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Slovakia is a country that is frequently overlooked and often misunderstood. Historically, it was known as Upper Hungary and all the Hungarian royalty were crowned in Bratislava, the current Slovak capital. Slovakia spent most of the 20th Century as half of Czechoslovakia, part of the Communist Bloc. Since gaining independence in 1993, it has been frequently overlooked in favor of neighboring Hungary and the Czech Republic as a popular travel destination.

These days, visitors are discovering Slovakia for the Central European gem that it truly is. A world class ski destination in the beautiful High Tatras Mountains (which also make for great hiking and trekking in the summer). It has a quirky capital in Bratislava that captures visitor’s imaginations with unusual sculptures. And the central and eastern parts of the country are dotted with important UNESCO World Heritage Sites and cultural sites. Slovakia may well be our favorite country in the world right now. Here are some of our favorites.

Traditional Village Life in Vlkolinec, Slovakia

A statue welcomes visitors to the rural village of Vlkolinec, Slovakia.

Visiting a country, it is often hard to get a picture for the history of the people. We’re not talking about the nobility, historical events or even war – we’re talking about understanding the history of the people and how their lives evolved and changed. Villages like Vlkolinec, Slovakia can provide insights into the people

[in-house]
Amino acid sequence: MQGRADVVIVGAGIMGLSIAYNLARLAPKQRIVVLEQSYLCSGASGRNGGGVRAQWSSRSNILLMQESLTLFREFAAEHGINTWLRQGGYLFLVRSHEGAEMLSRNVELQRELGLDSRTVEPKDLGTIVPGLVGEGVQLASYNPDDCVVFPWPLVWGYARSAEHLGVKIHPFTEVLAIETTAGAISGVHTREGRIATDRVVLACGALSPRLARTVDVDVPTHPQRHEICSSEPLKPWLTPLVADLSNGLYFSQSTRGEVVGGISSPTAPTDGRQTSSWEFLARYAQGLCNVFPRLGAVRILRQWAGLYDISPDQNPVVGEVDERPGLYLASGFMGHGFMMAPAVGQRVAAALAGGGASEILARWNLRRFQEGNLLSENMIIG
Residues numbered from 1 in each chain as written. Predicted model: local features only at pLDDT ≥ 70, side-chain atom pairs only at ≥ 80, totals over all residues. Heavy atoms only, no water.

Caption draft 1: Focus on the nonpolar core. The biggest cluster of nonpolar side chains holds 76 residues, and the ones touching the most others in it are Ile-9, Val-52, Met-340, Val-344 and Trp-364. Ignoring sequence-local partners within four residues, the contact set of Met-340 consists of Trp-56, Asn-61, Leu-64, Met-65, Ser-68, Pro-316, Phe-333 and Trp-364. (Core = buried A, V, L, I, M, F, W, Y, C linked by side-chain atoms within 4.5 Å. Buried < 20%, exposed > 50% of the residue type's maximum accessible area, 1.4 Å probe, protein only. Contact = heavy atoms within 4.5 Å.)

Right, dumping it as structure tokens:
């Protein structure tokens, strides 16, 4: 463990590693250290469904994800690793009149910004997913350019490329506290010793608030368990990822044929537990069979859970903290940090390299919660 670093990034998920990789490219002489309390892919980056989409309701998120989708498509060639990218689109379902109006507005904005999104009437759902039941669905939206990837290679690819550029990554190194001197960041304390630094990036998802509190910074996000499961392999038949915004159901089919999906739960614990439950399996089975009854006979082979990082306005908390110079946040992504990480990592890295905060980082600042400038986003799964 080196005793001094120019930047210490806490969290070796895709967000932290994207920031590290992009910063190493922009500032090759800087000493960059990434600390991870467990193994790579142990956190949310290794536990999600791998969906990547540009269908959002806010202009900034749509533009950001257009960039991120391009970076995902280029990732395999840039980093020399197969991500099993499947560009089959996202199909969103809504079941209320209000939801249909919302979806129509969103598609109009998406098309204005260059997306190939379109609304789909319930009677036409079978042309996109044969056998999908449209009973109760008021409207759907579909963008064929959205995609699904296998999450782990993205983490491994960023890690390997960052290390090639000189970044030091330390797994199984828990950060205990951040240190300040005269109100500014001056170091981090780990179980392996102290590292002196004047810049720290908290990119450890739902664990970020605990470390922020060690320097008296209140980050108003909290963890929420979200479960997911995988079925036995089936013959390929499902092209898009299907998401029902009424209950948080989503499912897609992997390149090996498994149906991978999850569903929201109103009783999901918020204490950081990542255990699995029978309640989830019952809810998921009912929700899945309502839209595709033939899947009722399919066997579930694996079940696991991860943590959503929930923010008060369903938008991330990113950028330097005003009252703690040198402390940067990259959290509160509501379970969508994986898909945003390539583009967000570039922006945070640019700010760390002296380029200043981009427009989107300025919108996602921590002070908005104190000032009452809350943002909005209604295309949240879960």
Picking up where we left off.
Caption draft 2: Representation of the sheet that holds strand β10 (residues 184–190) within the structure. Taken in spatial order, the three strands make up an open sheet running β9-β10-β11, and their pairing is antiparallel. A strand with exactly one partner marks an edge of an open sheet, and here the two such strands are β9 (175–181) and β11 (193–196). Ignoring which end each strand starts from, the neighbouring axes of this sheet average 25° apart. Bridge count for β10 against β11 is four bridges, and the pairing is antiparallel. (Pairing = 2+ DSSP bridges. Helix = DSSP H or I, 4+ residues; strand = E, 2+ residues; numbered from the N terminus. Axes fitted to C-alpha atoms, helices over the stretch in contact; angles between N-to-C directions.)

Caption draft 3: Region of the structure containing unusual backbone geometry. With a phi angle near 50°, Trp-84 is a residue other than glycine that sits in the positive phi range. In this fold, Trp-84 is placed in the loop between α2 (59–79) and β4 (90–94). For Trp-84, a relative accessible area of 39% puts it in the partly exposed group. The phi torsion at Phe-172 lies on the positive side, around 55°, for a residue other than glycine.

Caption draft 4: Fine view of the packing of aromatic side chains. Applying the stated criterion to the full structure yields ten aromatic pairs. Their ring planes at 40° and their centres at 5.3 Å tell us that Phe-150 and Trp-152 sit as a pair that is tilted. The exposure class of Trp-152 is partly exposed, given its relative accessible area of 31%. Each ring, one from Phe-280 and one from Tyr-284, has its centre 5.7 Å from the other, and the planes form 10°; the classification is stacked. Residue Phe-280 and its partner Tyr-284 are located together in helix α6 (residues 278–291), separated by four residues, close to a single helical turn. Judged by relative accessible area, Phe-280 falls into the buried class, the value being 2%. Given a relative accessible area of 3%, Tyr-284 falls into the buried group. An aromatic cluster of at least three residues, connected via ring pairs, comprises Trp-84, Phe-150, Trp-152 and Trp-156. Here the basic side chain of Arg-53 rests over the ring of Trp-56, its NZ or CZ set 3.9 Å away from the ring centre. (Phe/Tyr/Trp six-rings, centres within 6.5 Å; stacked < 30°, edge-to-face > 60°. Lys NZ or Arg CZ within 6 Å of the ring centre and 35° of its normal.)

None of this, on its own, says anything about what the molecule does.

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The Slovakia Wooden Churches of the Carpathian Mountains

The Church of All Saints in Tvrdosin - one of the Slovakia Wooden Churches.

On the north slope of the Carpathian Mountains, a unique architectural and artistic tradition was born: ornate wooden churches. The Slovakia Wooden Churches date from a period when most Christian churches were being built from stone, these buildings are truly unique and reflect a mix of theological and architectural traditions.

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Being a Miner For a Day at the Slovak Mining Museum

An ore cart and tracks at the Slovak Mining Museum in Banska Stiavnica.

While the town of Banská Štiavnica is a remarkable specimen of medieval small-town life in central Slovakia, it is unlikely the town would be much more than a few small huts if it weren’t for its unique geology. Banska Stiavnica sits atop The Theresa Vein – one of the world’s most lucrative silver deposits in

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